Cybersecurity researchers from Check Point have unearthed a vulnerability in WhatsApp that could allow attackers to trick users by intercepting messages and editing the content. This opens up the possibility of scamming people and spreading misinformation.

According to Check Point, there are three methods that can be employed to fool WhatsApp users, outlined below:

  1. Changing a reply from someone to put words into their mouth that they did not say.
  2. Quoting a message in a reply to a group conversation to make it appear as if it came from a person who is not even part of the group.
  3. Sending a message to a member of a group that pretends to be a group message but is in fact only sent to this member. However, the member’s response will be sent to the entire group.

Fake quotes could deceive users. (Source: Check Point)

It's easy to see how these techniques could be used to dupe even relatively tech-savvy individuals, with scams being an immediate concern and the potential spread of fake news a more slow-burning problem. Check Point has contacted WhatsApp to inform it of the severity of this discovery and advised that a fix should be found sooner rather than later.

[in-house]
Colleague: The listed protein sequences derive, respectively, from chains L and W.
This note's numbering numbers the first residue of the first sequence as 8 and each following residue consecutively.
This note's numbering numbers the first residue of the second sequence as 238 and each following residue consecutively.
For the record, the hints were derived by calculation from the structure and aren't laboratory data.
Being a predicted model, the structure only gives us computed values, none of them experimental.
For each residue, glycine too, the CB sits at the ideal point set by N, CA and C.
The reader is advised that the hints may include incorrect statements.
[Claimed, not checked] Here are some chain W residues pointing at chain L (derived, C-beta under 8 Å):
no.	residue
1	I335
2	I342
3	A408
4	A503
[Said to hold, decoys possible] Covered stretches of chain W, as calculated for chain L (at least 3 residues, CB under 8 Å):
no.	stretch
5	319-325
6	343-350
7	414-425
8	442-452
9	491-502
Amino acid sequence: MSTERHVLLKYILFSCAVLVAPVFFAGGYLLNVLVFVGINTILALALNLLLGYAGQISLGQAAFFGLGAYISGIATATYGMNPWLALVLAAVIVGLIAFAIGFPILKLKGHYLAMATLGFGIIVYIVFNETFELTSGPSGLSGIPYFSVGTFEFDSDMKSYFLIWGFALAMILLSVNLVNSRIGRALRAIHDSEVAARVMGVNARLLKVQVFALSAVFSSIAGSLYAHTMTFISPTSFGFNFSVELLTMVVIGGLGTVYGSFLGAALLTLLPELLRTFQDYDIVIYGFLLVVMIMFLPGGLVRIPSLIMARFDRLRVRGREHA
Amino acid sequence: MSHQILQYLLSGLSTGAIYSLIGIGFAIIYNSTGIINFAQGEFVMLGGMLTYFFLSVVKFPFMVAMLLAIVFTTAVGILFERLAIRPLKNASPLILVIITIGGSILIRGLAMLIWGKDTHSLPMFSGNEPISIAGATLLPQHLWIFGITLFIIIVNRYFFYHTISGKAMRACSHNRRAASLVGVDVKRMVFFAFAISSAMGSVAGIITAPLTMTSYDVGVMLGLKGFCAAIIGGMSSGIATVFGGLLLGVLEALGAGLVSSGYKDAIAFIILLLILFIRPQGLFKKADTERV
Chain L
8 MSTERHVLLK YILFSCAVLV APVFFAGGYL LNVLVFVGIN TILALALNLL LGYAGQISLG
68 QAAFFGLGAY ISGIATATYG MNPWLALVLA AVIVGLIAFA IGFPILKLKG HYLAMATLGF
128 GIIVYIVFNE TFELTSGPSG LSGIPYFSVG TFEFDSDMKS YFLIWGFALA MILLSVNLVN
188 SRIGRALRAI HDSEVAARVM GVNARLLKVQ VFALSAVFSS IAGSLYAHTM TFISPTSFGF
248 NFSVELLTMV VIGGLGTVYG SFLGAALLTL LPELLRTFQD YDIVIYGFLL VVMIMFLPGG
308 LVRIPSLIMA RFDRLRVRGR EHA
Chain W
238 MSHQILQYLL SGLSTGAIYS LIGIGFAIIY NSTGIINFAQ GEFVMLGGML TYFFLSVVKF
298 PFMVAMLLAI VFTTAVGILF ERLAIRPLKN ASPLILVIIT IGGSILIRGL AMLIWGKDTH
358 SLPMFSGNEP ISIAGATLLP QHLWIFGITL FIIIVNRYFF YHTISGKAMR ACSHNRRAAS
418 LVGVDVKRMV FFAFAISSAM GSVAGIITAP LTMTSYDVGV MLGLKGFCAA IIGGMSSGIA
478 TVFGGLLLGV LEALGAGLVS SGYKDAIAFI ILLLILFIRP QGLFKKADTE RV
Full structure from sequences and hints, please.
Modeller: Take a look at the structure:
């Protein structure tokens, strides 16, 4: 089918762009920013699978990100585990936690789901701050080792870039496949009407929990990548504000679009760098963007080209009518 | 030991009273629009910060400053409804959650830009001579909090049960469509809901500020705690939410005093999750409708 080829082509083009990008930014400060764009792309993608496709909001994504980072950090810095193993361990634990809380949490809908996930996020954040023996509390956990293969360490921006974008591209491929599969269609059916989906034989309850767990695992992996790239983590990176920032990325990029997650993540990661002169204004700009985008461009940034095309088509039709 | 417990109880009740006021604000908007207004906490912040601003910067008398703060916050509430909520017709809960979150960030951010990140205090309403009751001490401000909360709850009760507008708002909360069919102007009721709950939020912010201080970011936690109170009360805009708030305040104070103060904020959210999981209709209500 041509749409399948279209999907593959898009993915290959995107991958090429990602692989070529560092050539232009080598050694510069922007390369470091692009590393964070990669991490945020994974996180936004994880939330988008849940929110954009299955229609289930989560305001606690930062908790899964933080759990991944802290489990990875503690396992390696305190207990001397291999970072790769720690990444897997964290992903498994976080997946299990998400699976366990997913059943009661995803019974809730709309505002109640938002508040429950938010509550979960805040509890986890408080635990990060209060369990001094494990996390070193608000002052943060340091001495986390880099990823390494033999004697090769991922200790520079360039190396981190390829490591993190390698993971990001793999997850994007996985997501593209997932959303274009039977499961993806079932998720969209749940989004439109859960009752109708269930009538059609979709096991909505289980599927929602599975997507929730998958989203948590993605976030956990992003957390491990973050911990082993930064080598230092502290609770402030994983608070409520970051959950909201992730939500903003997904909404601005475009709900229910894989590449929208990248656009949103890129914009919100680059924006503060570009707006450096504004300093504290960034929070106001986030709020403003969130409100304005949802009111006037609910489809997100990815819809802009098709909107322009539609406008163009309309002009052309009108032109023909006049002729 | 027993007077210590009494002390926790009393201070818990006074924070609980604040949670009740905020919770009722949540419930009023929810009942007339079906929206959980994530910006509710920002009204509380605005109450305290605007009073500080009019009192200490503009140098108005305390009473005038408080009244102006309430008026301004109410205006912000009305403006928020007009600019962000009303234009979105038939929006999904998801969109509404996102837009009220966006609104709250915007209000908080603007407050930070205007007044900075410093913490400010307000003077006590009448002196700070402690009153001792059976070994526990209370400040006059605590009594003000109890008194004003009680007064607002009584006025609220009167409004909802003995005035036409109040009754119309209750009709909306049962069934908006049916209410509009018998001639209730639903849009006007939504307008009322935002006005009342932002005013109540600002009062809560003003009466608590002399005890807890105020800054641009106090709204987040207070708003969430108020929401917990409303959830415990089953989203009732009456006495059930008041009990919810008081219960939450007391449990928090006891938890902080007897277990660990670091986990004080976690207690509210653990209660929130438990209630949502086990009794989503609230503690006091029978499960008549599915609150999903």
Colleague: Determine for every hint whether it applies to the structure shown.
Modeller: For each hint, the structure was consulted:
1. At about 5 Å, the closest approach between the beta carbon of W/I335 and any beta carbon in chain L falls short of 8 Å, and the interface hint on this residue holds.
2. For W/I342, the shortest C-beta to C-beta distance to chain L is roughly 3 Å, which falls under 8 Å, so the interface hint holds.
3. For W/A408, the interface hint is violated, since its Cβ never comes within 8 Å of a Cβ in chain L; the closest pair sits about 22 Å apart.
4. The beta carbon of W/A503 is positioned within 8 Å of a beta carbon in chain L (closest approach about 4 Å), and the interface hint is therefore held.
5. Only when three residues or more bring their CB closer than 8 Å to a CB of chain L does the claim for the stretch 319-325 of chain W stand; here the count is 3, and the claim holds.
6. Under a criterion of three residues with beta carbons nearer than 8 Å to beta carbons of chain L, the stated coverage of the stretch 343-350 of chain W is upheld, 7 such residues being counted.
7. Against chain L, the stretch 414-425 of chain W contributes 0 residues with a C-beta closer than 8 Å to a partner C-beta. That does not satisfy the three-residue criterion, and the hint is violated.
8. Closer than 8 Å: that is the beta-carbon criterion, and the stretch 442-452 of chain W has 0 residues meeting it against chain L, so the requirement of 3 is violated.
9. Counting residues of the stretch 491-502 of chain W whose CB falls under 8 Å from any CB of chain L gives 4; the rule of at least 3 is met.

As reported by The New York Times, WhatsApp has admitted that the above scenarios are possible, but played down the issue. Spokesperson Carl Woog said, "We carefully reviewed this issue and it’s the equivalent of altering an email." The app's end-to-end encryption doesn't help in this instance, and Woog also said that verification of every single message would be too hard a task and possibly create further security implications.

WhatsApp has already been criticised for not doing enough to halt the spread of fake news and misinformation, particularly in India where a large portion of its 1.5 billion users reside. This latest news piles more pressure onto the Facebook-owned company — time will tell whether it will take measures to fix these issues.